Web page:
Röttgen favours an extension of only eight years, but he is being defied by the parliamentary faction of his Christian Democratic Union, along with the Economy Ministry and the southern German states, who all want operational lifespans extended by an average of 14 years.
Economic policy spokesman Joachim Pfeiffer said, “Röttgen should recognize that a majority of the party think that a longer lifespan is absolutely necessary to guarantee a safe energy supply.”
Röttgen’s predecessor, and now head of the opposition Social Democratic Party Sigmar Gabriel, commented, “Either Röttgen is too weak to assert himself against the nuclear-fans in his party, or going back to a nuclear power economy is his personal goal, despite all his sermons.” Either way, Gabriel argued, he is not suited to be Environment Minister.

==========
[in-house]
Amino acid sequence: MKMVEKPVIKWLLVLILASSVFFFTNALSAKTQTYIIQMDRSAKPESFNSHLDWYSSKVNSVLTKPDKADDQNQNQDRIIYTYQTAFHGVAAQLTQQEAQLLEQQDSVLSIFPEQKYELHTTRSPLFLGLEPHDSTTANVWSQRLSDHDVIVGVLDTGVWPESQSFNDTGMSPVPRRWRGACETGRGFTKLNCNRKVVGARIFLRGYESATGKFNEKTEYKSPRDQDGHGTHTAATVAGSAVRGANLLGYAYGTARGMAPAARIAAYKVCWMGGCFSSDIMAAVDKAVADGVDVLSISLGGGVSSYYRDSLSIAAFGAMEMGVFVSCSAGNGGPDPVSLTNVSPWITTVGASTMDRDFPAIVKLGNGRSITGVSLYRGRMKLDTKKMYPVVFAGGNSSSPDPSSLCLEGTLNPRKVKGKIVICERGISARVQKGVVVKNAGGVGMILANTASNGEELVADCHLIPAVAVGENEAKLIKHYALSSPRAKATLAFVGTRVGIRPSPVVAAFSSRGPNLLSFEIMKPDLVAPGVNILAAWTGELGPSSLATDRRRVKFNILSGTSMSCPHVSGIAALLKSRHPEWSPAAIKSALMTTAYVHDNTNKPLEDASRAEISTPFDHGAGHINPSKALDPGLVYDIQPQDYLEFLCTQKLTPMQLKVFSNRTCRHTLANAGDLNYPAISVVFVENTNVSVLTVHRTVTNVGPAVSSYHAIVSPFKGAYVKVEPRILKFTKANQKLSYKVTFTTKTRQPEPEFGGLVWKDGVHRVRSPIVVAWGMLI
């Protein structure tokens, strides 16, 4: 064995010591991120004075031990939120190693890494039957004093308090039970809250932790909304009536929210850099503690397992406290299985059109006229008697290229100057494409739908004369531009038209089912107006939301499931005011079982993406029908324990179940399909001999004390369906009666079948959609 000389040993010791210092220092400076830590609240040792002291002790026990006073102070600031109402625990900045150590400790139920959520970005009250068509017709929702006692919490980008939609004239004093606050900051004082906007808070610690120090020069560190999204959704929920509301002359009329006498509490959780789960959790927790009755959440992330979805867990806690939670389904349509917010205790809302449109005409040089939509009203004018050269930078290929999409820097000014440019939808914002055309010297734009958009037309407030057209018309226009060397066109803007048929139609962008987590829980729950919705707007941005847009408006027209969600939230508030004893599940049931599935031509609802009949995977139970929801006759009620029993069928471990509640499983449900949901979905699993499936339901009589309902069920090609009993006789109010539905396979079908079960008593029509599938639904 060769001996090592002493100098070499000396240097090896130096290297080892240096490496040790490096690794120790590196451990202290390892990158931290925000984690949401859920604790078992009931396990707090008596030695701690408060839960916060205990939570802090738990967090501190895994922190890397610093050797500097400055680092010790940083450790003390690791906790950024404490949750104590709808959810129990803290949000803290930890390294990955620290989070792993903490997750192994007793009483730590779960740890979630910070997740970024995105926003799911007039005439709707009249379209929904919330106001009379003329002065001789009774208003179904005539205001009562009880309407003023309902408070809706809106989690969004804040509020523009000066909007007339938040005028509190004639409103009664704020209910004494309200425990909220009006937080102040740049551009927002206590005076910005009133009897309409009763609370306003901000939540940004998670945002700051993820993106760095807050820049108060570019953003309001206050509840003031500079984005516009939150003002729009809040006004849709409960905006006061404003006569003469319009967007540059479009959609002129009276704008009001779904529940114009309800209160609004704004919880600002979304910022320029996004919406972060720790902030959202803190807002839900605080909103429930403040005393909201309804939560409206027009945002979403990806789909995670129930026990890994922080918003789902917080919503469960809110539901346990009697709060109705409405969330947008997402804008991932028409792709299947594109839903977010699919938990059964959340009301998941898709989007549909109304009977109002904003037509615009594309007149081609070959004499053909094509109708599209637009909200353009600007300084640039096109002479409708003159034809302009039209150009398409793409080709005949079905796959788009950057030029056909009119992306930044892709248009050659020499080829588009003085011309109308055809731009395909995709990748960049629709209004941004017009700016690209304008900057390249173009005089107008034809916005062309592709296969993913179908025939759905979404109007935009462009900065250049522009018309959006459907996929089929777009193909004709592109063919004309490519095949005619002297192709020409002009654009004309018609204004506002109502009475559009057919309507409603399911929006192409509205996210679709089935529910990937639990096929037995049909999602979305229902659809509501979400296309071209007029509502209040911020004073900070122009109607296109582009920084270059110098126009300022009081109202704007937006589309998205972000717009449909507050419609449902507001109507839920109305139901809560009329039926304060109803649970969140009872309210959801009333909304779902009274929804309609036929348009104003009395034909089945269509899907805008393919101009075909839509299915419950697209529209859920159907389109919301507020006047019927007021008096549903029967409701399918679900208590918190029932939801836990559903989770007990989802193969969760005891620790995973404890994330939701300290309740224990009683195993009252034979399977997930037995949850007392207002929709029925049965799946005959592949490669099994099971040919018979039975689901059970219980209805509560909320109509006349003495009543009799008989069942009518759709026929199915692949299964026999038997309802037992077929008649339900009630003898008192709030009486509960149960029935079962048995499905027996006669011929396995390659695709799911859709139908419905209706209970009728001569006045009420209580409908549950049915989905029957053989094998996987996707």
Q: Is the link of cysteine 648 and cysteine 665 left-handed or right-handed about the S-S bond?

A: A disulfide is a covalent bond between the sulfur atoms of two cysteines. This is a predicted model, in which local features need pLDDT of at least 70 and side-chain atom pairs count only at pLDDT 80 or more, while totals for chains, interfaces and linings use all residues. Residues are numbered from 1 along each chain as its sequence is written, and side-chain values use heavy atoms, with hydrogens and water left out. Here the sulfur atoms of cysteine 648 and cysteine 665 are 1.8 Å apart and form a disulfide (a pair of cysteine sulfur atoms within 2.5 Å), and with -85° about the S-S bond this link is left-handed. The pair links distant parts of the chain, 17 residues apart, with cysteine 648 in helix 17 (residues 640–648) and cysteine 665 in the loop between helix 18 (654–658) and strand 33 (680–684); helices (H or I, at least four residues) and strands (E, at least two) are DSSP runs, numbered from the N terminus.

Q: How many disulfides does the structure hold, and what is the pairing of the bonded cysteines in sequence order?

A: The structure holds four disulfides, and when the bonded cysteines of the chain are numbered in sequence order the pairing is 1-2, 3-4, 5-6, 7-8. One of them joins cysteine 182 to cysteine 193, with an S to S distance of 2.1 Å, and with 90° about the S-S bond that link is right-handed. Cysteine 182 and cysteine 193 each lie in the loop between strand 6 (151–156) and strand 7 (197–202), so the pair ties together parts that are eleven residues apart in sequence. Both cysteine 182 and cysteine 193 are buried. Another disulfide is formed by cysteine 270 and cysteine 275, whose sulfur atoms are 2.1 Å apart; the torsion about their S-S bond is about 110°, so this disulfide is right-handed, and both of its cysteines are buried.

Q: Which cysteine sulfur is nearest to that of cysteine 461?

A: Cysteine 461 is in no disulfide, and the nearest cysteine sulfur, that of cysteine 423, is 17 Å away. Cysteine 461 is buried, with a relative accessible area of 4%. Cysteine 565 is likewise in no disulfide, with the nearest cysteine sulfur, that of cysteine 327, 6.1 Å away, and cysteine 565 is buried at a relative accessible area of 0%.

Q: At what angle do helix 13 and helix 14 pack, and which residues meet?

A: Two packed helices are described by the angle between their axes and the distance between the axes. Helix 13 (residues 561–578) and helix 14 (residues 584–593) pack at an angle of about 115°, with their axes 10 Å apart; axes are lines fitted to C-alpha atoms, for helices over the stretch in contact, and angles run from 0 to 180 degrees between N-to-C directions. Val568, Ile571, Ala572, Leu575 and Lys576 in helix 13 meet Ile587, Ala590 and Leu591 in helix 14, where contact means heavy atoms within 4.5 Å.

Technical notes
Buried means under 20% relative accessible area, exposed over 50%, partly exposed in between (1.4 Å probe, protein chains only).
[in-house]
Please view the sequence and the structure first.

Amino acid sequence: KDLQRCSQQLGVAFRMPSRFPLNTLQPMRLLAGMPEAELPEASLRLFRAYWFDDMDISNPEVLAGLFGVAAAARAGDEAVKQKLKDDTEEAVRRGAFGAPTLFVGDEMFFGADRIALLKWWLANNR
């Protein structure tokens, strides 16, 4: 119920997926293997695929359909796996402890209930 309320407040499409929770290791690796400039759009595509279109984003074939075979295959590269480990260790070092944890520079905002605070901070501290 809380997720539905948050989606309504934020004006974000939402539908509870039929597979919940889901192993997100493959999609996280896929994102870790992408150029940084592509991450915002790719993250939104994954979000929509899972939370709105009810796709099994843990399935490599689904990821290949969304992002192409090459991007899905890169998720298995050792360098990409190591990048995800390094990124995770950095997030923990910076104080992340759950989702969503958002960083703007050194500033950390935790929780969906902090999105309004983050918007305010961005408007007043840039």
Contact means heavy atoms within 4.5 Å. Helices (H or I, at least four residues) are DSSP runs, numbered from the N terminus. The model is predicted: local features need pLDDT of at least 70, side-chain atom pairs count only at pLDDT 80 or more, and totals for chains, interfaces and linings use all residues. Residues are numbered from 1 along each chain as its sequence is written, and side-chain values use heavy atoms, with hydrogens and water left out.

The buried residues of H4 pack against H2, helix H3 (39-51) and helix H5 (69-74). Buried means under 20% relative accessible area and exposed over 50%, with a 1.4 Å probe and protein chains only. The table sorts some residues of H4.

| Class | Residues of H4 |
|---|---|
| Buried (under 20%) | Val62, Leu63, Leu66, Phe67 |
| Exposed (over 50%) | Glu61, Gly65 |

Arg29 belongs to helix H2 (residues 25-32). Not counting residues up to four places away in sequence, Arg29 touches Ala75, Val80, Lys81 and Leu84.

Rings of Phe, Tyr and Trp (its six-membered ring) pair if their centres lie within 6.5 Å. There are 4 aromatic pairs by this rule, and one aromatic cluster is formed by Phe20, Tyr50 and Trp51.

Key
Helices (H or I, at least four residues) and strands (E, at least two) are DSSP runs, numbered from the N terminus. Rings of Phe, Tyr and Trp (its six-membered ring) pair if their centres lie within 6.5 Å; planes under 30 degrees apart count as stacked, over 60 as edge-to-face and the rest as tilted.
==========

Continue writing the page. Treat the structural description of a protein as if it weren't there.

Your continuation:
The SPD boss said that if the “hardliners in the parliamentary faction and the states” get their way, Röttgen will have failed completely.
Green party leader Claudia Roth forecast a “very hot autumn” for the coalition if they tried to extend nuclear power lifespans for 14 years. “If you sow atomic wind, then you will reap a people’s storm,” she said.
Roth predicted that tens of thousands would take to the streets in protest, and millions of voters in 2011 state elections would vote against this “madness.” The Green party also promised it would go to the Constitutional Court if the government attempted to bypass the Bundesrat in order to get the necessary legislation through.
The opposition remains confident that the lack of a majority in the Bundesrat, the upper house of the German parliament, will scupper any chance of an extension.